If you are overweight and interested in reducing body fat, you may want to try a more rigorous carb cycling protocol. In this case, try a very low-carb, high fat diet in which you eat around 50 grams of carbs daily (from healthy sources like low-carb vegetables, fruits, and beans), but include a higher carb day ever 5 to 7 days. Known as a “re-feed,” a “carb-up,” or a “cheat meal,” this protocol works because during the period that you are restricting carbs, fat burning increases and you deplete muscle glycogen, which is a storage form of carbs in the body. Then the carbs you eat on the higher carb day aren’t stored as fat, but are used to replenish glycogen stores. Carb cycling also keeps the cells sensitive to insulin and the brain responsive to the hormone leptin so that you don’t experience deranged hunger.

A more advanced carb cycling option is to reduce carbs for a few weeks while you up you focus on reducing body fat and then increase carbs when focusing on building muscle or maximizing exercise performance. In this case, you might eat a very low-carb diet for four weeks (under 50 grams) but incorporate a high-carb day every 5 days in which you eat upward of 250 grams of carbs. Then after you’ve leaned up, use a higher carb diet on training days to fuel peak performance, focusing on intense workouts higher volume workouts.

On lower volume or off days, moderate carbs, but don’t go as low as you might in the first example that calls for 50 to 100 grams. Success is more likely with this sort of protocol if you opt for high-quality, complex carbs in the form of starchy vegetables (sweet potatoes and other root vegetables), beans, grains, and fruit.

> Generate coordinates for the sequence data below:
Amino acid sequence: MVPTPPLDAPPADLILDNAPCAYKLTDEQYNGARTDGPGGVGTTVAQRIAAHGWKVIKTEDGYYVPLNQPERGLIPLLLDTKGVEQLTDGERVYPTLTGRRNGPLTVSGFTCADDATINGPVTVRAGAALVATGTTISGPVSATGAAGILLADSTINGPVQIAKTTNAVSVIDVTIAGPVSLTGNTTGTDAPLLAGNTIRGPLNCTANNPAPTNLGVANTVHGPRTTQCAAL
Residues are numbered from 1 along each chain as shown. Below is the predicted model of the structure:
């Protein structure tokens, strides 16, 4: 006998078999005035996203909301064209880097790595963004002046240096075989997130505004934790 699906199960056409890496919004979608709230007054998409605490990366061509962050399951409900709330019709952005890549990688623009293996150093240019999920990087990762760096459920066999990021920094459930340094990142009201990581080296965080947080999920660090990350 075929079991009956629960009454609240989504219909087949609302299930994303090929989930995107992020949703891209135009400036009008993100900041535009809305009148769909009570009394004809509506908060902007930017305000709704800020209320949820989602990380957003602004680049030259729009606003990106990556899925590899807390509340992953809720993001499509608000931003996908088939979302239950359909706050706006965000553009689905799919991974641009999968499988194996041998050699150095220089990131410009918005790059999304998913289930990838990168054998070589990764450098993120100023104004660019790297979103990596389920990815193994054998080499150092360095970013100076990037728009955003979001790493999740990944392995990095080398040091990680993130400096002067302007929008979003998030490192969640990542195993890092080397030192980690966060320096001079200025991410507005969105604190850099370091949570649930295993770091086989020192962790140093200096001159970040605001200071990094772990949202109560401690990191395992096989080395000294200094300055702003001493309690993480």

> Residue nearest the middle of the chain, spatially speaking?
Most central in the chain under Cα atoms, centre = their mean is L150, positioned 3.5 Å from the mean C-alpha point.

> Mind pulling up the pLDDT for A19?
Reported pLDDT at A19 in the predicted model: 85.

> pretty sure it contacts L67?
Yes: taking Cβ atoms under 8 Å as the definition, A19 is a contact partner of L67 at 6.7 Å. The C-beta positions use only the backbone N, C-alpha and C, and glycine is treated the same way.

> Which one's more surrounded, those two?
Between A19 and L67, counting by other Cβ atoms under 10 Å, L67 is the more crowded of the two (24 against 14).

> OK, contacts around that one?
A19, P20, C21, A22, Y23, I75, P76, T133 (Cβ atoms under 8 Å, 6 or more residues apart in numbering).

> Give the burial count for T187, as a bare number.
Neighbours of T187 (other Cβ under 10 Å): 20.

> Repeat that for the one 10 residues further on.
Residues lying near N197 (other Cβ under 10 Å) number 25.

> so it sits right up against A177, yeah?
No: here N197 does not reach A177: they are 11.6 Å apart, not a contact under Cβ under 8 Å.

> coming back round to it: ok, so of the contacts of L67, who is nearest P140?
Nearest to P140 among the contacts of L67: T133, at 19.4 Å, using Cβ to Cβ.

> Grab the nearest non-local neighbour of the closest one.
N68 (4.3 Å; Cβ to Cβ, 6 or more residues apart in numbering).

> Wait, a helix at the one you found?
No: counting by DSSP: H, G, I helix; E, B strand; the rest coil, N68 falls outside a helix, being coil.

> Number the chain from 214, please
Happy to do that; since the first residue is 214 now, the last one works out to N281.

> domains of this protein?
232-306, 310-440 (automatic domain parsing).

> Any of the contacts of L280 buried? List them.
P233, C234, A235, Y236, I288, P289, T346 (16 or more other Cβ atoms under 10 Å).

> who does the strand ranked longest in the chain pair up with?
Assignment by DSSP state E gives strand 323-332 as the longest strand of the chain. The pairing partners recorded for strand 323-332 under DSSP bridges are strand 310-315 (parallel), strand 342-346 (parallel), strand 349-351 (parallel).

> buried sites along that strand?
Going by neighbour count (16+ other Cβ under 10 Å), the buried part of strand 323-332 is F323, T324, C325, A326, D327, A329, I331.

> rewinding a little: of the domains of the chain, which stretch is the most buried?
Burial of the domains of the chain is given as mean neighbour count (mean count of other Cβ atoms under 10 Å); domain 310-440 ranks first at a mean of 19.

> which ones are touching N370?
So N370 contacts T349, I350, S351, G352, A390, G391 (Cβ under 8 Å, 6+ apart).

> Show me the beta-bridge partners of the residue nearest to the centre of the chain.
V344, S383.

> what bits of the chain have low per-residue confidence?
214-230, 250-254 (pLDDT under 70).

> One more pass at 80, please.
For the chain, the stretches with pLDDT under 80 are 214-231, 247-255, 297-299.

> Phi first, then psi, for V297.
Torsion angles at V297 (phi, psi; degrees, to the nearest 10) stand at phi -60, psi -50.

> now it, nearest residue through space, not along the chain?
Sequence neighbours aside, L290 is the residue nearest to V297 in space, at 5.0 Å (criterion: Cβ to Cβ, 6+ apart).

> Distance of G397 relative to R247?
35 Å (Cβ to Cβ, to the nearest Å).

Carb cycling also includes carb timing strategies, such as eating lower carb meals during the day and saving higher carb foods for dinner when you want to relax and wind down for bedtime. Delaying carbs until dinner allows you to eat a high-protein breakfast, which will set up your blood sugar and brain transmitters for a productive day, while saving those delicious carbs for evening when will power is lowest. Having carbs at night has the added benefit of raising the mood boosting hormone serotonin, while lowering the stress hormone cortisol so that you can unwind and have a restful night’s sleep.

Timing carbs around workouts is another tool for your arsenal. When on a lower carb diet, post-workout is prime time for carbs because training automatically sensitizes the muscles to insulin, and any carb calories you consume will be used to restore muscle glycogen. Having carbs after training has the added benefit of lowering cortisol and helping you get into rest and recovery mode after intense training.

Get Started: The first step to carb cycling is to optimize your carb intake by removing refined carbs (bread, crackers, foods with added sugar, sweets, pasta, junk food, and most packaged foods) in favor of whole, complex carbs: Sweet potatoes and other root vegetables, fruit, lentils and other legumes, and whole grains with the germ and bran intact. Once your diet is composed around healthy carbs, start with basic carb timing: Eat protein and lower carb for breakfast, saving higher carb foods for dinner and your post-workout meal. Try going low-carb on rest days and higher carb on training days.

Take It To The Next Level: Once you get your carb intake dialed in it’s time to individualize carb intake to your goals. First you need to identify what you want to accomplish and how much discomfort you’re willing to put up with. For example, if you want to lose fat ASAP, try a very low-carb diet for one to three months (depending on how much fat you need to lose). Start with a two week completely low-carb phase in which you eat as much protein, fat, and vegetables as you want (be sensible!), keeping your carb intake at 50 grams a days. After 14 days, start carb cycling with a higher carb (100 to 200 grams) day every 5 to 7 days.

#3: Monitor (& Optimize) Blood Sugar Levels